We took our last student tour to Northern Ireland this past weekend and visited Belfast, Derry, the Giant's Causeway, and a lot of shooting locations of Game of Thrones. Northern Ireland separated from the Republic of Ireland in 1921 and became it's own country in the United Kingdom under British rule. This means that Northern Ireland operates on the Great Britain Pound rather than the Euro, which was not friendly to my wallet because the current conversion rate is $1.55 for every 1 pound. We had some free time when we got to Belfast so Bridget and I grabbed some lunch and found an Urban Outfitters store to walk through. We finally felt like we were back in America. We went on a political tour of Belfast later in the evening. Belfast is where the Titanic was built and docked before setting sail. It was the center of 'The Troubles' in Northern Ireland from the 1970's to the late 1990's brought on by separation of the Catholic and Protestant people. The people who lived through the times describe it as what we see going on in Iraq and Afghanistan today: bombs sporadically going off taking out streets at a time, soldiers constantly patrolling the streets, and violent riots between the people. Belfast is home to Europa Hotel, Europe's most bombed hotel, that was bombed 33 times during this period. Our bus driver took us to the International Peace Wall where artists from all over come to paint murals of present and past world conflicts. We then drove on Shankhill Road, the main road in the Protestant community, and Falls Road, belonging to the Catholic community. Both roads were considered 'no-go' areas during the troubles and were a constant scene of violence. They are covered in peace murals and there are shrines to the Queen of England all along Shankhill Road. Our bus driver then took us to the Belfast Peace Wall. I thought that the troubles in Belfast had gotten a lot better over the years, but I learned that this is the wall that still separates the Catholic and Protestant communities to this day. Every night, the gates to the wall close at 10:00 PM and are heavily armed. If you get stuck on the wrong side, you are forced to walk around the entire outskirts of the city before being able to get to the other side. The walls are lined with barbed wire and the walls of the guard station have been built so high up in order to keep bombs from being thrown over. We drove through both the Protestant and Catholic communities and almost every house had the British and Irish flags flying respectively. Our tour guide told us that the city wants to take the walls down, but it's up to the people living in the community. They refuse to let them be taken down because they still fear what might happen once they are removed.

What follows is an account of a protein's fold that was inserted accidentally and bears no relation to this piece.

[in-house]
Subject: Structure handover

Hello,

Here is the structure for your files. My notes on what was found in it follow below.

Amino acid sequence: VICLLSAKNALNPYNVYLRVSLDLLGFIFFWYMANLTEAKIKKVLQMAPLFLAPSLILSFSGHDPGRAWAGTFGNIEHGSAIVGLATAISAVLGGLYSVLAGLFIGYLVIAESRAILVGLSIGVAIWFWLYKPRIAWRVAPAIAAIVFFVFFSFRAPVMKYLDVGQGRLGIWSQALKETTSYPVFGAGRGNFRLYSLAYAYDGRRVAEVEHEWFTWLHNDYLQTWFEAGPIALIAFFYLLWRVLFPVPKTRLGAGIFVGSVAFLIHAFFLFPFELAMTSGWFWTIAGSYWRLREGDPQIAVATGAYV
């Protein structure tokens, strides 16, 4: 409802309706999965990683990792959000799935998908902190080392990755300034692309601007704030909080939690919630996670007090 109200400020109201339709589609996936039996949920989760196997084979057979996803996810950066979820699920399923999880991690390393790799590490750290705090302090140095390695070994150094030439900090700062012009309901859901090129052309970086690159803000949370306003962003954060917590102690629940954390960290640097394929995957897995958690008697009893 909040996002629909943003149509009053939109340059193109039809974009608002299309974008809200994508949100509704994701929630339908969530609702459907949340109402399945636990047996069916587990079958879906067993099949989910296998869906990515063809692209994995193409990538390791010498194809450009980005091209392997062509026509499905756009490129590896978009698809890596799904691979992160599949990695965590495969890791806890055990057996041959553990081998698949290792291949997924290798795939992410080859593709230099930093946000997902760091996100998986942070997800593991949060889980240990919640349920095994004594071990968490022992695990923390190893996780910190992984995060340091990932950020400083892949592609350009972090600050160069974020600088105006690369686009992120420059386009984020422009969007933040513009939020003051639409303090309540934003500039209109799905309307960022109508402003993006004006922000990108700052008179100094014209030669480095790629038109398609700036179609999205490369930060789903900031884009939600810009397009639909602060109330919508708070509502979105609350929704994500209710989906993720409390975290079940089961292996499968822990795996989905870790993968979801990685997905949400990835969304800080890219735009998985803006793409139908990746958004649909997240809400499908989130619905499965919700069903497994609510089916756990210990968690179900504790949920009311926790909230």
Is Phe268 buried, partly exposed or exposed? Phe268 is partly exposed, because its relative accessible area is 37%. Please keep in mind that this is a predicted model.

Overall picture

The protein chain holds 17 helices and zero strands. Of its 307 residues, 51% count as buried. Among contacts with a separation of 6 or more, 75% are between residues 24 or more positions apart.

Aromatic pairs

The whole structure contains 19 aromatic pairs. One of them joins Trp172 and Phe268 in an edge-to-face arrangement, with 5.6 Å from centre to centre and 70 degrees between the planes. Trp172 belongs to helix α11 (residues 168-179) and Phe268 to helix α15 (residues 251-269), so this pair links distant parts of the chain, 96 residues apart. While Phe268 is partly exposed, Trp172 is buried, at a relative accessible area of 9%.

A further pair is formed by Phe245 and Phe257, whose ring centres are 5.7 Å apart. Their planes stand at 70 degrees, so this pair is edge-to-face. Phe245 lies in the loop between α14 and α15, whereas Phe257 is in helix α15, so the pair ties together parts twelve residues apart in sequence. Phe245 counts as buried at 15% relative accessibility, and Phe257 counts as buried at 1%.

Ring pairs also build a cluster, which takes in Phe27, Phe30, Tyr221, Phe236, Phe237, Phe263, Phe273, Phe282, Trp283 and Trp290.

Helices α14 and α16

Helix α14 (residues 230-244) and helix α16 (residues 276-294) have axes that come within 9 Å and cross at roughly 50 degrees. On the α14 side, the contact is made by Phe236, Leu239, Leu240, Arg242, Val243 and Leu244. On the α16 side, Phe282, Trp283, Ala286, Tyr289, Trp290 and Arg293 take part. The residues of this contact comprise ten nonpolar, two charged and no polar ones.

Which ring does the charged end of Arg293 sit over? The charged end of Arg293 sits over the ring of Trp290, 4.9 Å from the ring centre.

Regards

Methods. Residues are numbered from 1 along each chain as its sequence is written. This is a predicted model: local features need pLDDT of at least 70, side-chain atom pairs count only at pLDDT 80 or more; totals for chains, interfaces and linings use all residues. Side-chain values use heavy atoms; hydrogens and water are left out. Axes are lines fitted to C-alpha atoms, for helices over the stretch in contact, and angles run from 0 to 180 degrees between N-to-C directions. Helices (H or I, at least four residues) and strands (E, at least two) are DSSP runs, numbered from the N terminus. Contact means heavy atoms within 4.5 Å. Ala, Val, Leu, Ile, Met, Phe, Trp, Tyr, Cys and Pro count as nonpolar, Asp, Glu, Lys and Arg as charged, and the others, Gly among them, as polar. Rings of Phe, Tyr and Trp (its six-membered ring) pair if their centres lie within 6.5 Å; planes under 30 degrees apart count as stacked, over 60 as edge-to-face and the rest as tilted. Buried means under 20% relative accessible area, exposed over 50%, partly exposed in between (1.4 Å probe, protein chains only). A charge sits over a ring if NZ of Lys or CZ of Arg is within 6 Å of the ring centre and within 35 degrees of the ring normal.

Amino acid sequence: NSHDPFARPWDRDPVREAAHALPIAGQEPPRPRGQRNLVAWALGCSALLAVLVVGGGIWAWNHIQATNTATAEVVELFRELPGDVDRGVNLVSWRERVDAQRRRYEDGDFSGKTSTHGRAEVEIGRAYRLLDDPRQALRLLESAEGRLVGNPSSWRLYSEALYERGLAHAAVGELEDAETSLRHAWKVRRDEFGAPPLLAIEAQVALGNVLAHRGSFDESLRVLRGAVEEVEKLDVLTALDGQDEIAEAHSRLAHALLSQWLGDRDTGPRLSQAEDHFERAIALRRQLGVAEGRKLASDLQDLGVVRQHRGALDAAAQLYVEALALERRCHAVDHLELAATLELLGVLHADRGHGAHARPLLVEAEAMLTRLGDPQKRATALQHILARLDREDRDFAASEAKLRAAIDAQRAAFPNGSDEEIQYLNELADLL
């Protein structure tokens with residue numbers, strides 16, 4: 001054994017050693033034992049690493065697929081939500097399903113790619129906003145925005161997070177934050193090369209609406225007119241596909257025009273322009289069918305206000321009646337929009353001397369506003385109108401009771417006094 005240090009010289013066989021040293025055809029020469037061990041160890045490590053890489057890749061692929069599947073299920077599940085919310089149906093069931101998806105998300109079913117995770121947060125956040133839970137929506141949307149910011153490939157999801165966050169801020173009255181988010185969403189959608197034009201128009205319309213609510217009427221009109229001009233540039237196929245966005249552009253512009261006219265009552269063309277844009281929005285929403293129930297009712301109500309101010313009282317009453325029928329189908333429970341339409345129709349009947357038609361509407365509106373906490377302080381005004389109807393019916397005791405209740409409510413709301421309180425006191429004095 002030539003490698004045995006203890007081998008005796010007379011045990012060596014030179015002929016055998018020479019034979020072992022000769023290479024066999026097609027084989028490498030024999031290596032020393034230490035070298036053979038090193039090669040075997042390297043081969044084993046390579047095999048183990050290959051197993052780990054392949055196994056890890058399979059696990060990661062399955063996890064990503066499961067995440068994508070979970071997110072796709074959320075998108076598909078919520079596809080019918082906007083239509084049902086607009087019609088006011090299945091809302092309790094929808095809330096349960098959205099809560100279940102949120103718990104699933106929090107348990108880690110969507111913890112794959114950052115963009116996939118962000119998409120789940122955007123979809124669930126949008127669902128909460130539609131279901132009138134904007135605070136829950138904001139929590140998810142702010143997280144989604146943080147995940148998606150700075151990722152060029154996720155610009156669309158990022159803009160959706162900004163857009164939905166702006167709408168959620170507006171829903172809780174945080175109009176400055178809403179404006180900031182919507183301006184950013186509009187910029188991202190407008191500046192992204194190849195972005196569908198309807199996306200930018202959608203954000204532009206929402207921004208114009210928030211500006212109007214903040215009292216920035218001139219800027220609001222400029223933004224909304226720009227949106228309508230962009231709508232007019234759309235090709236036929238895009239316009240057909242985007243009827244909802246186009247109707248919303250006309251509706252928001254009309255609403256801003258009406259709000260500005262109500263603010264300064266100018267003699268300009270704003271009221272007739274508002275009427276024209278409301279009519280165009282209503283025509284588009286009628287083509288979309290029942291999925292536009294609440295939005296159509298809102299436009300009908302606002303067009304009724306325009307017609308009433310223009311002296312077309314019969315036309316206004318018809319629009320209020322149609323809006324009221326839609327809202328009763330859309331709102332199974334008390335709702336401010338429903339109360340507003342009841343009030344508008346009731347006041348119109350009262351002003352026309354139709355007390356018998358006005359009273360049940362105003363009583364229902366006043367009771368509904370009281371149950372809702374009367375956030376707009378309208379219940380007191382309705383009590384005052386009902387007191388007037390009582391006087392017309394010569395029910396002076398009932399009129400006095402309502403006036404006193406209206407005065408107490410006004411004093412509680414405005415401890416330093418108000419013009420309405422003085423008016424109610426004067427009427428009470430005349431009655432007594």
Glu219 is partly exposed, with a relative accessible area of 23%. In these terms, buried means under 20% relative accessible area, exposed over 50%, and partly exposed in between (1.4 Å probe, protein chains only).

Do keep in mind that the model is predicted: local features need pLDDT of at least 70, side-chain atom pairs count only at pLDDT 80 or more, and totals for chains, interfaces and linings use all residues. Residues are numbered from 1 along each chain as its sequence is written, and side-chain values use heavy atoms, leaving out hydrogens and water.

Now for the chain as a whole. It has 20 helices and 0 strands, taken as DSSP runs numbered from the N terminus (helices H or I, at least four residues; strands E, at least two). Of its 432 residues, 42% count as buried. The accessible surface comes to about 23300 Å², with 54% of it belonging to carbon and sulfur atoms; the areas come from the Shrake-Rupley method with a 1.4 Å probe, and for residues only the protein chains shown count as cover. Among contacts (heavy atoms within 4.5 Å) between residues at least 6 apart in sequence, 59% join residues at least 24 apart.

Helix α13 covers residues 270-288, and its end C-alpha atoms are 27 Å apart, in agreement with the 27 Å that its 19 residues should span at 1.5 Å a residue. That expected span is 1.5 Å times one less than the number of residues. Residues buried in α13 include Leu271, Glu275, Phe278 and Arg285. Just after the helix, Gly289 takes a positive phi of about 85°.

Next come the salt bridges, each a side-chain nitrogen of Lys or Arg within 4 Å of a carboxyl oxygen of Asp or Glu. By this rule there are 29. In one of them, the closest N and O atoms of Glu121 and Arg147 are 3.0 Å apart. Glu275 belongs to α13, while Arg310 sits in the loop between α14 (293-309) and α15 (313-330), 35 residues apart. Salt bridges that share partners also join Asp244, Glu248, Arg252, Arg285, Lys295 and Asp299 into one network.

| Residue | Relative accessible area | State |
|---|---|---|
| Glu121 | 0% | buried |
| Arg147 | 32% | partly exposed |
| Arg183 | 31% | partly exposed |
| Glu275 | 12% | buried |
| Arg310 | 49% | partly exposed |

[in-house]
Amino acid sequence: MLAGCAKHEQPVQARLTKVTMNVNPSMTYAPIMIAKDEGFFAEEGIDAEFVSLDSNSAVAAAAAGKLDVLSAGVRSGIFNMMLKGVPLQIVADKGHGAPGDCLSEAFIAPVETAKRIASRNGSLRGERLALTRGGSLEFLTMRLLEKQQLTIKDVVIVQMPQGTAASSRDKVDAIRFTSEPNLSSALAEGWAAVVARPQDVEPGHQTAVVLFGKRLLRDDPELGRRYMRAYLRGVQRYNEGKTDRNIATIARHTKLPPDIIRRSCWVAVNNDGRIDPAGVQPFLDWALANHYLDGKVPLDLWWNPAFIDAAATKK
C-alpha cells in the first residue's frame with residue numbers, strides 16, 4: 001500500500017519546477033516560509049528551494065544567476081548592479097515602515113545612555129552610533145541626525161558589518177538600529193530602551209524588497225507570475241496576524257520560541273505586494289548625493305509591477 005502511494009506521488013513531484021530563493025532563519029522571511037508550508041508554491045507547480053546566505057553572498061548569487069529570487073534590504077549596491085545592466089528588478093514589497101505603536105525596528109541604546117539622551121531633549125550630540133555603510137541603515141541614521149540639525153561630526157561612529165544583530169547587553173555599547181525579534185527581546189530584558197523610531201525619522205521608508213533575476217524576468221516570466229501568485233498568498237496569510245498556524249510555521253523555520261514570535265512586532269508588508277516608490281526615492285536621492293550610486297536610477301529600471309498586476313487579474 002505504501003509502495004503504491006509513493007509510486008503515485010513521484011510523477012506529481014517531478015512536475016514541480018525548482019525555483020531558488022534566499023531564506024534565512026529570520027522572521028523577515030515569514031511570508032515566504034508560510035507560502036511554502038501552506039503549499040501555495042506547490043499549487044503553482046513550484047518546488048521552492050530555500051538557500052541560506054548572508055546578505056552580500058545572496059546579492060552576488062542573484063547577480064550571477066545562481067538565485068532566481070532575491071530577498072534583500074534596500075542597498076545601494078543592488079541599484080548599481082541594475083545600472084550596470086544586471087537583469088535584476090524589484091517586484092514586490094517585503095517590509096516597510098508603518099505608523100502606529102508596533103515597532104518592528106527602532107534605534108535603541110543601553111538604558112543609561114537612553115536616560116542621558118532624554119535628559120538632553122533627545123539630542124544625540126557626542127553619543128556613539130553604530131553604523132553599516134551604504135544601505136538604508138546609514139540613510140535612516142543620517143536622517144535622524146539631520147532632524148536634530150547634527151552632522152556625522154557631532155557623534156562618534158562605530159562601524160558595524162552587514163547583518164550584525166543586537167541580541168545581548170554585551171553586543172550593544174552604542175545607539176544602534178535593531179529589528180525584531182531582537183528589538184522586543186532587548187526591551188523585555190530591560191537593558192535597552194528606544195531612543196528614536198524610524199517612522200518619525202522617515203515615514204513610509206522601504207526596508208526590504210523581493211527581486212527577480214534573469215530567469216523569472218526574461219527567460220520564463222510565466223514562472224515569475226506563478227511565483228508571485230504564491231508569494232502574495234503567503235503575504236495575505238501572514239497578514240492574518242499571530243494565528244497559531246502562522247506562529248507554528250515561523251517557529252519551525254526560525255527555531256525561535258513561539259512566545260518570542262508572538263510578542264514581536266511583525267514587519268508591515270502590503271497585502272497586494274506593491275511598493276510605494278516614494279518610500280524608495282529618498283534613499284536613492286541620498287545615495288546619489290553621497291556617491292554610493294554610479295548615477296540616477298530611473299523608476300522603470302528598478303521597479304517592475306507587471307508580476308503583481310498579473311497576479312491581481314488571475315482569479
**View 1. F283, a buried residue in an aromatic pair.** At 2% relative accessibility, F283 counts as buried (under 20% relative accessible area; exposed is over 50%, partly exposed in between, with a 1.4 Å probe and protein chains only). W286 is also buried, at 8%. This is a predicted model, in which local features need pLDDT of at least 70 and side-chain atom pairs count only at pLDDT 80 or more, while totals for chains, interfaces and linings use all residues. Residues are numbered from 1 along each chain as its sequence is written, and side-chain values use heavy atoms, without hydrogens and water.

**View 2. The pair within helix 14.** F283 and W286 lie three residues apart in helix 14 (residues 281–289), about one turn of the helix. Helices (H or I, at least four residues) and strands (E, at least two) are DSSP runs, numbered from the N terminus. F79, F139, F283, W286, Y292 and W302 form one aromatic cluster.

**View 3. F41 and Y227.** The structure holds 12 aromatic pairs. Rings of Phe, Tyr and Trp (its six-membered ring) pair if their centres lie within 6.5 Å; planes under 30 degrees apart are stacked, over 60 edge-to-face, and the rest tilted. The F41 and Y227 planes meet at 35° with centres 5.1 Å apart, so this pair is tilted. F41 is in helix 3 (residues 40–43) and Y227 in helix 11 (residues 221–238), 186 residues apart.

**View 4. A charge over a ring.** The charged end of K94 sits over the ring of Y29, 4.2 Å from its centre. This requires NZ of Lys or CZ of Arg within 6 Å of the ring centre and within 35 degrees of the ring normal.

The next morning, we toured the Titanic Belfast. The museum is built on the port where the Titanic was docked and directly next to Titanic Studios, the filming location for all of the indoor scenes of Game of Thrones. We were able to see recovered artifacts, hear voices of the survivors as they told their stories of when the ship went down, and see live footage of exploratory footage that is currently going on. After the Titanic Museum, we drove to two famous locations where Game of Thrones is shot, the Dark Hedges and Ballintoy Harbor. There were Game of Thrones obsessed people on my bus actually acted like the world was ending when we were at both places. I don't watch the show and was still equally as impressed. Our next stop was Giant's Causeway, home of 40,000 basalt hexagonal columns lining the coast that were formed by an ancient volcanic eruption. Out of all the places I have been in Ireland, this was by far my favorite. We went later in the afternoon so a lot of tourists had already begun to clear out. You hike down the side of a cliff that has a winding road all the way through it and the views are incredible. We had 2 hours here and I could have spend 2 days exploring everything.
On Sunday we had a walking tour of Derry, home to the infamous Bloody Sunday. Our tour guide, Garvin, was the cutest old man I have ever seen. He has lived in Derry his entire life and experienced firsthand the troubling times in Northern Ireland. I'm pretty sure he's also the most popular man in Derry because everywhere we went someone said hi to him. He gave us background history of the city during these times before we started our tour. British soldiers arrived to patrol the streets in 1971. At first, they welcomed the soldiers with open arms because they thought that they were going to halt the violence between the Catholics and the Protestants. However the British turned to internment and were locking people up for no reason, granting them no trial, and telling them that they were in jail due to the Queen's pleasure. The people of Derry had seen the impact that Martin Luther King Jr.'s marches had, and they began to hold their own civil rights marches every Sunday. Bloody Sunday refers to January 30, 1972. During a peaceful protest march, the British soldiers shot 26 innocent people. 14 of them were killed, our tour guide's relative being one of them. All of the victims were shot while fleeing the protest or while helping the wounded. The street where Bloody Sunday occurred is lined with murals dedicated to those who died. In 2010, the British Prime Minister issued an apology to the people of Northern Ireland after the victims were finally all proven innocent. Today, the river still divides the Protestants and Catholics in the city of Derry. The European Union donated the Peace Bridge that combines the two sides. At the end of our tour, Garvin told us that someone in Hollywood had recommended his tour to Will Ferrell. In 2008, he gave a private tour to Will, his dad, and his brother.